Surviving a shared danger, Europeans pull together
Post-Christmas storms across Europe blew off roof tiles and crushed
The scaly trunk of an Indian chestnut, the delicately curled twigs of a Southern European ash, the clustered seedpods of a Japanese silver birch: Tree after tree lies sodden and broken across the path in Paris's botanical garden, in a vista of desolation.
Trees from five continents were felled in the garden Dec. 26 by winds that ripped through the city at more than 100 miles an hour. The scene that greets visitors now is a familiar one across northern Europe.
The "storm of the century," as meteorologists have dubbed it, brought gales that tore down trees and power lines, ripped off roofs, and swept away riverbanks across France, Spain, Germany, and Switzerland. It killed more than 80 people, according to official estimates, and forced thousands to evacuate their homes.
France bore the brunt of nature's violence. No sooner had life gotten back to normal in the north of the country when a second wave of hurricane-force winds hit the south the night of Dec. 27.
And somehow, I managed to miss all the excitement. On the 26th I was driving home from the Alps, where my family had spent a week skiing. Heading north we ran into very heavy rain and noticed that a lot of the road signs seemed to be bent backward or blown over. But by the time we reached Paris it was all over.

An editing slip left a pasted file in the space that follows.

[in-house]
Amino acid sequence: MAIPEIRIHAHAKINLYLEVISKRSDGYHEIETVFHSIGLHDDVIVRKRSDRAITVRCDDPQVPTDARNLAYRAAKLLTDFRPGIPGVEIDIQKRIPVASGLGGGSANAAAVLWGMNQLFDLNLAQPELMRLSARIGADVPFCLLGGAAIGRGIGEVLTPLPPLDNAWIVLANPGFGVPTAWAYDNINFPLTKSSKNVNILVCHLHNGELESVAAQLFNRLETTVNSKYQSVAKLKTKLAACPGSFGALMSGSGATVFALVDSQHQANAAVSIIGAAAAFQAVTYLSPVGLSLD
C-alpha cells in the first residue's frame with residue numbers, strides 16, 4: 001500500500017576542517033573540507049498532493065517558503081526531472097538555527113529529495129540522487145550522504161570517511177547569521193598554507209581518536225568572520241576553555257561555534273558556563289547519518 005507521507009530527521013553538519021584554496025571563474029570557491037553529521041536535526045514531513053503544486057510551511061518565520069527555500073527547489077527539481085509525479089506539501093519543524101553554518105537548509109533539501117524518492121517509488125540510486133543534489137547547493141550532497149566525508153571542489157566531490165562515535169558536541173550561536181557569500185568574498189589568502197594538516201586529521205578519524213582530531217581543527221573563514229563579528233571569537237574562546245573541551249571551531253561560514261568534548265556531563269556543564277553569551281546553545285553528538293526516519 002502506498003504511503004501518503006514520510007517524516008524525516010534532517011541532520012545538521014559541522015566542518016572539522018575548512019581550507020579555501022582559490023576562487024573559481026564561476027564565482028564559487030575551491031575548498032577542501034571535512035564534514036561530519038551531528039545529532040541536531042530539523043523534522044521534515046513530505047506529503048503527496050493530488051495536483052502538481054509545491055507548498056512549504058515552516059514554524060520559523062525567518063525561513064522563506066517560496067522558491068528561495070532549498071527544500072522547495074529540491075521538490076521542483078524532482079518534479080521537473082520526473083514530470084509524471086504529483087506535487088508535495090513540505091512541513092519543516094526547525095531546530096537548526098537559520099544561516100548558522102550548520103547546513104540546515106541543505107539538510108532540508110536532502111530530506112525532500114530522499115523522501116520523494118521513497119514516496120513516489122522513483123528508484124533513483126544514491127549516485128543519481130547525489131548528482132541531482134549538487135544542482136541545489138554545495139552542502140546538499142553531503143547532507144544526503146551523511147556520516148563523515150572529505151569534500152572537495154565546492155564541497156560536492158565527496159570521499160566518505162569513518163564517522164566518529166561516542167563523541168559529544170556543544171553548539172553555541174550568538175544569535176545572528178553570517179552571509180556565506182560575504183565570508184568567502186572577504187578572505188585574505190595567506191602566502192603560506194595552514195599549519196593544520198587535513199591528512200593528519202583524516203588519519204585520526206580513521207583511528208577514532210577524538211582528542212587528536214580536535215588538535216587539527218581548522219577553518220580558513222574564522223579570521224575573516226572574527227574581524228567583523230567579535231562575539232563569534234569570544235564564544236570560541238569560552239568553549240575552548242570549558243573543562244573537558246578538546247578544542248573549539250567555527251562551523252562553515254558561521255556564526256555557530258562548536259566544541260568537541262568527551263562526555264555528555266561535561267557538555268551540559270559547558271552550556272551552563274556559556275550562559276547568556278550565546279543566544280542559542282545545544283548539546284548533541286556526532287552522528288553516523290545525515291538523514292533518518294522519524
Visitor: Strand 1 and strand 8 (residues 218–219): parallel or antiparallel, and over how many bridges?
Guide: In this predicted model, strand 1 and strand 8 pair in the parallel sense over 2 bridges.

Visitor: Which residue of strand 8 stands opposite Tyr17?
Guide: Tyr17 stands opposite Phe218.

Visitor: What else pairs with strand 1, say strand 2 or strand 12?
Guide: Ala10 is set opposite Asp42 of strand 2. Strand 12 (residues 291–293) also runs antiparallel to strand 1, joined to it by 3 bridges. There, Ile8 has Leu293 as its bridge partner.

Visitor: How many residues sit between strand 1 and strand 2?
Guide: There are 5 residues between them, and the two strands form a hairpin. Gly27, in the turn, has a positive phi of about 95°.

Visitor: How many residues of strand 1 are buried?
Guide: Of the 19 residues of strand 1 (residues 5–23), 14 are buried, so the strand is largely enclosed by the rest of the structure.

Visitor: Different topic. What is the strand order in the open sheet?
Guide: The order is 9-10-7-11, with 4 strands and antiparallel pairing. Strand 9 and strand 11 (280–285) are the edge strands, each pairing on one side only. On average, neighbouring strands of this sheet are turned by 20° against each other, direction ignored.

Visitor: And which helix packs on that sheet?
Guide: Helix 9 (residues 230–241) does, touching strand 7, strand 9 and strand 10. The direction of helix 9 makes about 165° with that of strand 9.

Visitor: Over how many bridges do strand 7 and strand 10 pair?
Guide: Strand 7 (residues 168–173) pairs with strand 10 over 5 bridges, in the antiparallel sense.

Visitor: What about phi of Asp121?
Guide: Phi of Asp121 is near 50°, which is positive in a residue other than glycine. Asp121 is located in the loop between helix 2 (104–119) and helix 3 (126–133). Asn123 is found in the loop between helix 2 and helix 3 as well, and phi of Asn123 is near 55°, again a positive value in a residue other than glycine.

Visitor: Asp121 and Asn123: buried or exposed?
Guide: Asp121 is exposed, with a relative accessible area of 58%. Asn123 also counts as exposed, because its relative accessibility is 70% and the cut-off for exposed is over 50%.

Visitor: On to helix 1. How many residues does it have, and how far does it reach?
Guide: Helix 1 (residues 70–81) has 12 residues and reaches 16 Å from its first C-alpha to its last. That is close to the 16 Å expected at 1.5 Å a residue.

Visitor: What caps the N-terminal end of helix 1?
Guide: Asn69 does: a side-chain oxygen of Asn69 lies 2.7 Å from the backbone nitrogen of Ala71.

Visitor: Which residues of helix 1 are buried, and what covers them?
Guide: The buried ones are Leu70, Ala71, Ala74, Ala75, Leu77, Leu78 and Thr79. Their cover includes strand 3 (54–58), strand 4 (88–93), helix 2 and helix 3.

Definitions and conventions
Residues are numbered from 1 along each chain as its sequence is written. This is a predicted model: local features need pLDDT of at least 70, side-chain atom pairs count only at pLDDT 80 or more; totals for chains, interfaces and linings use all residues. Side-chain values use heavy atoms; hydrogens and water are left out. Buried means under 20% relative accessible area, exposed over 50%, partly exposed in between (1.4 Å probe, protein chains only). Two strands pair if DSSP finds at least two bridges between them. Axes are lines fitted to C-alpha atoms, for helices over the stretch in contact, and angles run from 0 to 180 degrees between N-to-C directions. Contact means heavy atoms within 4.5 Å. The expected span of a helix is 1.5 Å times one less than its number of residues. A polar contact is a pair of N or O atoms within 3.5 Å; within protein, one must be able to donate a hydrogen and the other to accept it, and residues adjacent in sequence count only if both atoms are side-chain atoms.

I had to maneuver the car around a fair number of trees that were blocking the road, but that was the extent of my inconvenience.
Which meant that I woke up the next morning a complete outsider in this city. In the lobby of my apartment building, at the bakery, at the newspaper kiosk (which was fortunate to still be standing), I had no war stories to swap. I had not seen roof tiles flying past my window and nearly decapitating a passerby; I had not been stuck in an elevator by a power cut; I had not found my car crushed beneath a fallen chimney.
Paris that day was suffused with the sense of community that grows from having survived a shared danger, and I was right out of it.
I'll have plenty of time to feel the consequences, though. For a start, the botanical garden is where I normally jog each morning, and now it has been closed indefinitely while gardeners swap their pruning hooks for power saws and dispose of the 200 trees that were torn down.
Even when that is done, "it will be 40 or 50 years before the garden looks the way it did last week," according to Yves-Marie Allain, the park's director.
(c) Copyright 1999. The Christian Science Publishing Society